leifg leifg - 2 months ago 10
Ruby Question

Array() applied to hashes?

Recently I stumbled upon "The Elements of Style in Ruby #3: Make Sure Something Is an Array".

TL;DR: The Method

Array()
in Ruby converts anything you put in, into an array and tries to guess what the correct outcome should be:

Array(1) # => [1]
Array([1,2]) # => [1,2]
Array(nil) # => []


So what does
Array({a: :b})
return? I would assume it returns an array with the hash as a value:
[{a: :b}]
.

However, the hash is converted directly into an array:
[:a, :b]
.

I don't just want to put a hash into an array (
[{a: :b}]
). I'd like to have functionality that returns an array no matter what I put in.
Array()
already does that, but it converts a hash to an array in a way that I don't expect.

So, basically the functionality should look like this:

NewFancyArrayMethod({a: :b}) # => [{a: :b}]
NewFancyArrayMethod([{a: :b}, {c: :d}]) # => [{a: :b}, {c: :d}]


The second part is already fulfilled by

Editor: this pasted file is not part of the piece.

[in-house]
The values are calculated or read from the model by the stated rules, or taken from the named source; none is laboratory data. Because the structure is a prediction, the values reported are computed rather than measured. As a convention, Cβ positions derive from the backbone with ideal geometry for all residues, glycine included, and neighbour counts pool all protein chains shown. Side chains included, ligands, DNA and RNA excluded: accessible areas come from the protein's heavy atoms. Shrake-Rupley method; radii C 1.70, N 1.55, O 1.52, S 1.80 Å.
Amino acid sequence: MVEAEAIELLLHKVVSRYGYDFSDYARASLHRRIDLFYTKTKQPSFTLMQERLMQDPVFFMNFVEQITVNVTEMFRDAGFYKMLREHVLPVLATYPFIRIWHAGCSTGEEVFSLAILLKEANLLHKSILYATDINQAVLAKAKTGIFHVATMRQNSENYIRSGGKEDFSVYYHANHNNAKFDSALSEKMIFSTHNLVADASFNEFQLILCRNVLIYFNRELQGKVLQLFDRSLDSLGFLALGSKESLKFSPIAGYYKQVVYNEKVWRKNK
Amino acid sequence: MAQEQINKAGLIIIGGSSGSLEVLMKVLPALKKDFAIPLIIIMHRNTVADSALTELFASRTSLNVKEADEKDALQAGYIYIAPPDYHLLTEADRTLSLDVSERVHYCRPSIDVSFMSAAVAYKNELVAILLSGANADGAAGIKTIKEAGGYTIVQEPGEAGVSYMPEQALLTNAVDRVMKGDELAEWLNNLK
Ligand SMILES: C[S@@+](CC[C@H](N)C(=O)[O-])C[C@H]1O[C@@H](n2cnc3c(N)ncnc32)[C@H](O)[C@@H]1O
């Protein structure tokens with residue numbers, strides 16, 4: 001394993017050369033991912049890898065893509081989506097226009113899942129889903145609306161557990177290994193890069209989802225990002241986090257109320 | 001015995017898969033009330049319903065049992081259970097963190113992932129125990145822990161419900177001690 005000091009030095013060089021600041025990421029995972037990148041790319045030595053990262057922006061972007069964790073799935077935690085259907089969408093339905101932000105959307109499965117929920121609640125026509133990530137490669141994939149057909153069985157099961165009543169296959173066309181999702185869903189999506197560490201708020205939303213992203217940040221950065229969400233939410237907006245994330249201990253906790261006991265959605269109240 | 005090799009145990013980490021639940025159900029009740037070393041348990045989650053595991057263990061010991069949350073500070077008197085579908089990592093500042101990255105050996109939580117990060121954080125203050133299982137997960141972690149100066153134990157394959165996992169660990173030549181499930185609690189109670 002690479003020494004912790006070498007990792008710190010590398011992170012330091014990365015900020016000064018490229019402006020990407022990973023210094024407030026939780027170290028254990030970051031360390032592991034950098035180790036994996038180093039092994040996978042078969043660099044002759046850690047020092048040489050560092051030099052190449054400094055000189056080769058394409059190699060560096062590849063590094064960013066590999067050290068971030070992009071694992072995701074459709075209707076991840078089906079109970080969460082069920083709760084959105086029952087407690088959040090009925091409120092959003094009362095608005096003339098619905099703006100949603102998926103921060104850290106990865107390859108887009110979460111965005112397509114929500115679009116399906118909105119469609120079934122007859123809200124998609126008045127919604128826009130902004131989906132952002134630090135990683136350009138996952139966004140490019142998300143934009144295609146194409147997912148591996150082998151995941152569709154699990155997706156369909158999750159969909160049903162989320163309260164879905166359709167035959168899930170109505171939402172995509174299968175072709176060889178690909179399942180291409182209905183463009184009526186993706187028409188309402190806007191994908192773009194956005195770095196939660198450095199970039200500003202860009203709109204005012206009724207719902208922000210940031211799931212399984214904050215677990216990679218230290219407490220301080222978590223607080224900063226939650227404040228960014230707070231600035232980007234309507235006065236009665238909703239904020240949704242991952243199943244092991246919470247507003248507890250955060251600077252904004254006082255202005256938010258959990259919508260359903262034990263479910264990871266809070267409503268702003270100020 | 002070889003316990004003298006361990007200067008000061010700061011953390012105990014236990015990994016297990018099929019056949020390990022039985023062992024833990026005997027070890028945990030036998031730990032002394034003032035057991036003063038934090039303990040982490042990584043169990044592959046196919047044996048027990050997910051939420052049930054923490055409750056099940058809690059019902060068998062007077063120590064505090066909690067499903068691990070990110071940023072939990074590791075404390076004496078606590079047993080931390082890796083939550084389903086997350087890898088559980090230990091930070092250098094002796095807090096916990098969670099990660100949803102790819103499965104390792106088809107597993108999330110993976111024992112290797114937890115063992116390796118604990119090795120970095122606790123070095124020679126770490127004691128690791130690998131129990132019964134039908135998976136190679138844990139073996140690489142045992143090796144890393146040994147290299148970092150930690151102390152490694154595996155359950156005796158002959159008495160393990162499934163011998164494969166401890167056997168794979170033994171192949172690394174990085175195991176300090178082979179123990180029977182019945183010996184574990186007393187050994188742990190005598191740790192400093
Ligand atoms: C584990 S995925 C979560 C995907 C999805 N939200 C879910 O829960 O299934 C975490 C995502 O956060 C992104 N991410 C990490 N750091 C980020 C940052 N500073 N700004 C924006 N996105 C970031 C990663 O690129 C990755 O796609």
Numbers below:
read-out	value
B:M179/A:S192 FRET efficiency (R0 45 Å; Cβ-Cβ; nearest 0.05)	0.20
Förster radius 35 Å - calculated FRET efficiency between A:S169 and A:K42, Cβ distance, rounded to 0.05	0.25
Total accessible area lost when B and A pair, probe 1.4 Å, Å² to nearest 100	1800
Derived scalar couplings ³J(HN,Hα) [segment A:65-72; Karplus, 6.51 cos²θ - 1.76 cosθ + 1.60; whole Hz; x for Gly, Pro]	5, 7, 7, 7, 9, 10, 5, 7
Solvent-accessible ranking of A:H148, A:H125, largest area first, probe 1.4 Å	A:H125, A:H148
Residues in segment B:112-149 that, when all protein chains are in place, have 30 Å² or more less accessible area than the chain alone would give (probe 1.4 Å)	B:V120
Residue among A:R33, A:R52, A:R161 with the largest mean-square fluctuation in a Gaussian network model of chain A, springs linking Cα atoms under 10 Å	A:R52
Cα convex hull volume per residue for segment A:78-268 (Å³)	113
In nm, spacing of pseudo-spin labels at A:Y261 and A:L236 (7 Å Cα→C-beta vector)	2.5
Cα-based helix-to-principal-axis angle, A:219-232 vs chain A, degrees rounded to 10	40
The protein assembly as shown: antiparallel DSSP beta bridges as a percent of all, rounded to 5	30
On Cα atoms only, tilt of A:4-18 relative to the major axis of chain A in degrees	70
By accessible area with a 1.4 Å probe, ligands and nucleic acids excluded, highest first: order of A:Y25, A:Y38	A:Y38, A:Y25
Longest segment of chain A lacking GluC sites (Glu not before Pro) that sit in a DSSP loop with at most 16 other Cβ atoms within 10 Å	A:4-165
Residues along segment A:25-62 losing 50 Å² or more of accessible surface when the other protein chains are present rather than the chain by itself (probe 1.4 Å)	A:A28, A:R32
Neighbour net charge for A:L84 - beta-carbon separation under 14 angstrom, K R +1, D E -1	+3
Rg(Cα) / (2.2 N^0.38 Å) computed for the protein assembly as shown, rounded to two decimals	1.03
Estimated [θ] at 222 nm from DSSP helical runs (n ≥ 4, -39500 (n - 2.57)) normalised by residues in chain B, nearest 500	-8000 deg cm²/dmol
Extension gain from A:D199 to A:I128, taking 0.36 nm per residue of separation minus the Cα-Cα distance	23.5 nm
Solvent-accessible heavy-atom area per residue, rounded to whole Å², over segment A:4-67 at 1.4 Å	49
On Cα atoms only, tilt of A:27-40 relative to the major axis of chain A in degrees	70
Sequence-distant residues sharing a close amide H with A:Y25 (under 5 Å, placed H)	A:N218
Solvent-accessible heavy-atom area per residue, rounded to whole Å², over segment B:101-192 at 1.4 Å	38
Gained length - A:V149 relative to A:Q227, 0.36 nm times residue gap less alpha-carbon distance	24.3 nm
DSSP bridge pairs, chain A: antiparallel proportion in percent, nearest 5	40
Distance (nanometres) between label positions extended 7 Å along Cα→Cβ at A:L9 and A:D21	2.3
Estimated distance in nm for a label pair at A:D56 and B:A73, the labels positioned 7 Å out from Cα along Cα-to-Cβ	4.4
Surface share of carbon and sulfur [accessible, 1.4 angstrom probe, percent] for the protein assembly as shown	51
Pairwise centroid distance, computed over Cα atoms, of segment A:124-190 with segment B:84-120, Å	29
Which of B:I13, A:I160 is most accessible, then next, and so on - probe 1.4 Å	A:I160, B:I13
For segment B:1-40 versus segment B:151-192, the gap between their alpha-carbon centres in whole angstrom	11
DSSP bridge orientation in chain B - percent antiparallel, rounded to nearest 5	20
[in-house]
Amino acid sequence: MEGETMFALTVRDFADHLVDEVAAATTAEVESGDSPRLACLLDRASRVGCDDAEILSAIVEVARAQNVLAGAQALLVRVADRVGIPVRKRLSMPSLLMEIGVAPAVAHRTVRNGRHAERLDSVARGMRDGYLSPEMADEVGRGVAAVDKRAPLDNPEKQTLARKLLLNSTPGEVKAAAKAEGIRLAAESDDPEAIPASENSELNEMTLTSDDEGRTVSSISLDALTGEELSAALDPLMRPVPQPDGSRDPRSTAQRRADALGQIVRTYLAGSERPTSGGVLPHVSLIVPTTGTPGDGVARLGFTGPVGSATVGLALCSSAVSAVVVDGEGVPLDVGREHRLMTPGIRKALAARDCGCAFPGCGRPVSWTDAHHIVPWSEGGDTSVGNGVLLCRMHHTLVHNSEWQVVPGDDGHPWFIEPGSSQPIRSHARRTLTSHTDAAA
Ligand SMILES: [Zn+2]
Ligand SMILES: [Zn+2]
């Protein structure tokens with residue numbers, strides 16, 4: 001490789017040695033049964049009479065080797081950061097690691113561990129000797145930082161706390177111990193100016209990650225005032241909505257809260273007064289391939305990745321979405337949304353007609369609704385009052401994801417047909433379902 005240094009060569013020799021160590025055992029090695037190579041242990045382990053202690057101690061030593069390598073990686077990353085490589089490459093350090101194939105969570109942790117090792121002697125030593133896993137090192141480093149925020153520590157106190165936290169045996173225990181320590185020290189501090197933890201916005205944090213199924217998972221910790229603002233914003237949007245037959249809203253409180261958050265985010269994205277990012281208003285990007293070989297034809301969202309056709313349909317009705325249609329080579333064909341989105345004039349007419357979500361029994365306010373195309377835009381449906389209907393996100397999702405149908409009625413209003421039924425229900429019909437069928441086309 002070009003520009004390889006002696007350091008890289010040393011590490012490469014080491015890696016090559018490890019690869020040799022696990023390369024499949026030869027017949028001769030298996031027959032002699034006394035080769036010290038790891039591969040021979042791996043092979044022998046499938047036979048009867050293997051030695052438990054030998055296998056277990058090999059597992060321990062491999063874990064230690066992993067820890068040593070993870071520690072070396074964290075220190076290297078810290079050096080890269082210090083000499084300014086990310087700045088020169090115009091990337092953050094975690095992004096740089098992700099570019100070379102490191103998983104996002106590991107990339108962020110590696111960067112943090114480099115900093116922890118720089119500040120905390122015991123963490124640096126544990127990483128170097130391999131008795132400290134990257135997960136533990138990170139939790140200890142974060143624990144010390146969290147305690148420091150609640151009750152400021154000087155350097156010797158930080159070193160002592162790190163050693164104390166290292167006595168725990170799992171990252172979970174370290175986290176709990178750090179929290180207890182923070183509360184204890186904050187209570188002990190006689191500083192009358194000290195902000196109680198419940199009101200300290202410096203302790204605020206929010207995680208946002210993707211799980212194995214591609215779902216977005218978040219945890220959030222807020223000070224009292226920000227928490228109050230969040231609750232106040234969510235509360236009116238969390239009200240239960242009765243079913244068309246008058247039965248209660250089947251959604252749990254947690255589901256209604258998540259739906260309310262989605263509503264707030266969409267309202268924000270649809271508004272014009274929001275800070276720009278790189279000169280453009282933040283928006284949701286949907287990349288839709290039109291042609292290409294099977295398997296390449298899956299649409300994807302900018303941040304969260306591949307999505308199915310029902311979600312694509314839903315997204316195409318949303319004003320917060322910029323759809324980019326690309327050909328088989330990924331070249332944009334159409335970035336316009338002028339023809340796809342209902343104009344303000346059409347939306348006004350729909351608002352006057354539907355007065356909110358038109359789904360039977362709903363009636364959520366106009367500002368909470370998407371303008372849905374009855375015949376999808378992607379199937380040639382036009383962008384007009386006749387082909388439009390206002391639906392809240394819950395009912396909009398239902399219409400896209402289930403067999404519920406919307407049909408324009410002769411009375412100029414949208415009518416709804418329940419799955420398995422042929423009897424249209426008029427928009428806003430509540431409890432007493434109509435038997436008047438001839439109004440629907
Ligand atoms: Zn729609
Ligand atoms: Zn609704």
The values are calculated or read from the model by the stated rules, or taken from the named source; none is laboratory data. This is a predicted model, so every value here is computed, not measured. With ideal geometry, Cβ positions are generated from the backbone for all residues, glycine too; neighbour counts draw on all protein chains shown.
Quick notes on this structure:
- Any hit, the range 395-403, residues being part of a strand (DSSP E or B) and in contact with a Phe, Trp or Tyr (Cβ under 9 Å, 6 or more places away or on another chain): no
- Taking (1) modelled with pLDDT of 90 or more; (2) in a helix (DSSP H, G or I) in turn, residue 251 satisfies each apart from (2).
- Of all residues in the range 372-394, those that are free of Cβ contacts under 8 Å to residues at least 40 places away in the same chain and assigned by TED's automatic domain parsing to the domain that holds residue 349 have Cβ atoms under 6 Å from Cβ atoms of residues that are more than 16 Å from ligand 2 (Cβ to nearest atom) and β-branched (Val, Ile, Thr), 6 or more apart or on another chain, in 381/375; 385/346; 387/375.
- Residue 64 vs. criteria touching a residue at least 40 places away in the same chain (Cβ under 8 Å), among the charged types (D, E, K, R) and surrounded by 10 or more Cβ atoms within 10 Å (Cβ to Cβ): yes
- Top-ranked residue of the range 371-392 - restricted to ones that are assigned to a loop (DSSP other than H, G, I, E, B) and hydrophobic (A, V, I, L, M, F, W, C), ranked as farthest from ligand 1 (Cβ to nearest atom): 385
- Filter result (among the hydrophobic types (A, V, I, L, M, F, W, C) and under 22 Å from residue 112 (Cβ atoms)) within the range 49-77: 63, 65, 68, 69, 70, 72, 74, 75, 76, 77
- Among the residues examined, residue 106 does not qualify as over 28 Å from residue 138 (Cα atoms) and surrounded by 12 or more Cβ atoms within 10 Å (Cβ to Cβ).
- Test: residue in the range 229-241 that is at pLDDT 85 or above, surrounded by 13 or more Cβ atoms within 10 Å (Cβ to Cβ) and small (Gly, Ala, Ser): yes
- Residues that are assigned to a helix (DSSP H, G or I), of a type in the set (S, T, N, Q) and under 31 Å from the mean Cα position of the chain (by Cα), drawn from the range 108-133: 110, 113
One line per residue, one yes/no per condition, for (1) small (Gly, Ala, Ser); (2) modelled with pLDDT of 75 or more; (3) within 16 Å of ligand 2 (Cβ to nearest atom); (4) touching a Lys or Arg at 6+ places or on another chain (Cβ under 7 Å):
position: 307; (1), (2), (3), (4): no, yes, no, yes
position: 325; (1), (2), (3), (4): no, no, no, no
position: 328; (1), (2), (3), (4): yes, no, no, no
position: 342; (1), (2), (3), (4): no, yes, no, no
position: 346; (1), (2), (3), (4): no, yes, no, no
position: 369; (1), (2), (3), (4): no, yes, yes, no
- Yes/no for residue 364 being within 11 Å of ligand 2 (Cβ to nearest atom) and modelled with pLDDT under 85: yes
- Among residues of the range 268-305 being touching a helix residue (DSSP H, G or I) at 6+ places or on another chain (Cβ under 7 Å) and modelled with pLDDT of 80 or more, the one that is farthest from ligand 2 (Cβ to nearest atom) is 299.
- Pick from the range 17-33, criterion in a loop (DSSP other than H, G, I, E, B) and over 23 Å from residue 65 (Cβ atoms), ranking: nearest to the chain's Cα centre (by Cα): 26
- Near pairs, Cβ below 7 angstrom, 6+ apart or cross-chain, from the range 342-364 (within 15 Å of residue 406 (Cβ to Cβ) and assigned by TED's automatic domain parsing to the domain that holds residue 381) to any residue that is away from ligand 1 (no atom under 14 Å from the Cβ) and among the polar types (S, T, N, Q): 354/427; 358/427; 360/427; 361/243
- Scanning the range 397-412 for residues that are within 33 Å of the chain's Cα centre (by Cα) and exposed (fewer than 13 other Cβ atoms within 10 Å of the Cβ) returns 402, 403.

Array()
.

I know I can do something like
values = [values] unless values.is_a? Array
, like the article points out. However, I would rather have a method that abstracts this conversion from me as
Array()
already does. The only problem is that
Array()
treats a hash differently than any other "single" value (String, Integer, Object, etc.). I simply don't want different handling for different cases.

Answer

As Frederick Cheung pointed out in a commend, the method Array#wrap does exactly what I desire:

Array.wrap({a: :b})
# => [{a: :b}]

Unfortunately this method is only part of ActiveSupport, so it can't be used in plain Ruby projects.